This graph shows how significant the bump to grades is. You will notice that English Standard Students have to score much higher in relation to their peers to get a substantial boost to their final marks!

Scaling is a complex idea, if you would like to know more you should read All About ATAR Scaling.


Yes, English Advanced is hard. Yes, English Advanced is time-consuming. But it provides a substantial boost to your final mark to reflect the investment in time and effort you need to put into it.

Remember, as universities raise their standards, more and more courses are going to require a band 5 or above in English.

English Advanced attracts scaling that will make that easier to achieve.


You should read our Beginner’s Guide to Acing HSC English for comprehensive tips on how to get Band 6 results.


So, what should you do?

  1. Reflect on your previous English marks. Are they strong, average or weak?
  2. Ask yourself if you are ready to put in more time and effort to study for English.
  3. Ask yourself if you want to study a higher level of English (eg. English Extensions or English in University).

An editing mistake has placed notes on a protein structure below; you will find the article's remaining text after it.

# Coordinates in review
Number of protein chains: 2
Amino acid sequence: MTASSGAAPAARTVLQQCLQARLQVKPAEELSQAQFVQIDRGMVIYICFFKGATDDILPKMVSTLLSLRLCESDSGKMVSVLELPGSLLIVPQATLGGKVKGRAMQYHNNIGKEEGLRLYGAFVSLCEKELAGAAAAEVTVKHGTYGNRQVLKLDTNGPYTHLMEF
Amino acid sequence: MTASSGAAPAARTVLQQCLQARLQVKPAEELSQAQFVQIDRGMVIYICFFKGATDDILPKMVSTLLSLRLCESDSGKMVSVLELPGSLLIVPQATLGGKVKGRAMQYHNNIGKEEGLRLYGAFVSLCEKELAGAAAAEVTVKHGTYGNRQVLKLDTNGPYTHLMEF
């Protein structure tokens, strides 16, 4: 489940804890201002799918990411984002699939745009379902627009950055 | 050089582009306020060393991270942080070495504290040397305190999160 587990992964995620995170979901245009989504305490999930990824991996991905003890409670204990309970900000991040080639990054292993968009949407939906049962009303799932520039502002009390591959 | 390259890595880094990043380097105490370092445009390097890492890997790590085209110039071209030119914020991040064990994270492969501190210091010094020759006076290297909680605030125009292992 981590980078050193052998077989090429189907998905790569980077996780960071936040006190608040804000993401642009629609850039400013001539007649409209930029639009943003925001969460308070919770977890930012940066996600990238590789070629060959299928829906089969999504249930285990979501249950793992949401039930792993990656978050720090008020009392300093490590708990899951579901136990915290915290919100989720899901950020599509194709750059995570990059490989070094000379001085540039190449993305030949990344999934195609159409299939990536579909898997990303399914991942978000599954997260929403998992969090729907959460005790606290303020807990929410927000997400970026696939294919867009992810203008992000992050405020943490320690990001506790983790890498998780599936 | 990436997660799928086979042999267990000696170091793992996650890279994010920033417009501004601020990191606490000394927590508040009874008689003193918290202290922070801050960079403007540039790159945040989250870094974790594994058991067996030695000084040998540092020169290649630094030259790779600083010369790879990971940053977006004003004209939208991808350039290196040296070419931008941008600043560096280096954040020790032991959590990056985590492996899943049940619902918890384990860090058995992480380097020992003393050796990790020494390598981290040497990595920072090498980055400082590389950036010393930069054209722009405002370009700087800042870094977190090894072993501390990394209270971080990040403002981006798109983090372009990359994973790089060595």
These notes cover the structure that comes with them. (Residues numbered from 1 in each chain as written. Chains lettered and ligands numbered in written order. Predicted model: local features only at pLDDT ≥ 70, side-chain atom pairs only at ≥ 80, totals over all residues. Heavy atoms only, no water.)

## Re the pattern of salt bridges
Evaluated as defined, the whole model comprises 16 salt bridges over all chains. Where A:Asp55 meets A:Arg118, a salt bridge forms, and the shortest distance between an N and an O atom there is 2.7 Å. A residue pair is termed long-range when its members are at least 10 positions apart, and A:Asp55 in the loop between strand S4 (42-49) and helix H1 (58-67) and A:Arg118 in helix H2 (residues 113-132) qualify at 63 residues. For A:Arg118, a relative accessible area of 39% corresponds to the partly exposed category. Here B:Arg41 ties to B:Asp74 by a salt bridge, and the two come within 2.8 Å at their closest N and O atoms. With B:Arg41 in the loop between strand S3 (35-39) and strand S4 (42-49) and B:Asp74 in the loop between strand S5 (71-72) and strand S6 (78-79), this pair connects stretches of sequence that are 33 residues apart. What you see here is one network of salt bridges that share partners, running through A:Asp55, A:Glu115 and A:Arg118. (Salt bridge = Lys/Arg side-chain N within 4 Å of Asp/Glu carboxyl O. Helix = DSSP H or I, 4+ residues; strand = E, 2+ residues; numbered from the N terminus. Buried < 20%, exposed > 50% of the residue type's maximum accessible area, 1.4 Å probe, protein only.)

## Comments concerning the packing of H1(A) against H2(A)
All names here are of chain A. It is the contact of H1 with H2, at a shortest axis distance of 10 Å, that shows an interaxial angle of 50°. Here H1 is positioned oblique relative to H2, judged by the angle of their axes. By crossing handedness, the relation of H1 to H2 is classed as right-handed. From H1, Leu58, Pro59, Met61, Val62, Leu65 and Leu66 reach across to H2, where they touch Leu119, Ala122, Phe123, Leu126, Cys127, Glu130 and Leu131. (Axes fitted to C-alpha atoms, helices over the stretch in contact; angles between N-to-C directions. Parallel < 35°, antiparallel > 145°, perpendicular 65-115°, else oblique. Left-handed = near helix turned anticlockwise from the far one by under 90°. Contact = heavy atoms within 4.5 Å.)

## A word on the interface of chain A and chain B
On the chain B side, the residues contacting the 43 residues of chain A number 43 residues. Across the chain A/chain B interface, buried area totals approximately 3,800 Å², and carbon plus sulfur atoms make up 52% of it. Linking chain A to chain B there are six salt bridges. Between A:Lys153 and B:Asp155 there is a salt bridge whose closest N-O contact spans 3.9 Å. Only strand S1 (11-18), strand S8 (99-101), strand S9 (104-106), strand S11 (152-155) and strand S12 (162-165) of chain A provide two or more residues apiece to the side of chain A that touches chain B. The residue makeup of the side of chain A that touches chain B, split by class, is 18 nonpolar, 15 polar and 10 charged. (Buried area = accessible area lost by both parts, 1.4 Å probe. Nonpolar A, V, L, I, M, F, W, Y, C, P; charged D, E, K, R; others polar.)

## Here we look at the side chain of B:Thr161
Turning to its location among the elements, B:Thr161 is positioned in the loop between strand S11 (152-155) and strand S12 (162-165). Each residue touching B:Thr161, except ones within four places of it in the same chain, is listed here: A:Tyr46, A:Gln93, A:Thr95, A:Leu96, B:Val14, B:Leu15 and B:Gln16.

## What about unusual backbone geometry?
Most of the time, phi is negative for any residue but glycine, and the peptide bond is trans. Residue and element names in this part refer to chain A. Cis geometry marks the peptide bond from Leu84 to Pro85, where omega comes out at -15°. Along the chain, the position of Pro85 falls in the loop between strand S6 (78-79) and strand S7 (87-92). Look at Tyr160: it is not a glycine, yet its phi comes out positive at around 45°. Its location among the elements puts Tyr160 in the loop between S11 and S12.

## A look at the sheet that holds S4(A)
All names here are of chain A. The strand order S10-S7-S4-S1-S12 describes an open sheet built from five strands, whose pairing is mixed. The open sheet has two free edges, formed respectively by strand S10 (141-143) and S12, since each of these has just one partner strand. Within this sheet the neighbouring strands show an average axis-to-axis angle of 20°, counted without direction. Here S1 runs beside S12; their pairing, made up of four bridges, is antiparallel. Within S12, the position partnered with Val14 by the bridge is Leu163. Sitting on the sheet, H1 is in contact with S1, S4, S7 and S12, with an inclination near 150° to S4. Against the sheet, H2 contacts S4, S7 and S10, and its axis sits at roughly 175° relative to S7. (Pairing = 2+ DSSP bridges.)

4. Research about your desired University course. Do they require a specific English grade?

Learn how to ace HSC English Advanced

We’ve helped thousands of students ace HSC English over the last 19 years. Learn our secrets to HSC success at our free Secrets to Acing HSC English Seminar! Learn more.

Written by Patrick Condliffe

Patrick has a Bachelor of Arts (Hons. 1st Class - Australian Literature) from USYD. His poetry, short stories, and essays have been published online and in print and he regularly reviews film and other media. Patrick is the editor of the popular Matrix blog and has been an English teacher at Matrix since 2012.


© Matrix Education and, 2018. Unauthorised use and/or duplication of this material without express and written permission from this site’s author and/or owner is strictly prohibited. Excerpts and links may be used, provided that full and clear credit is given to Matrix Education and with appropriate and specific direction to the original content.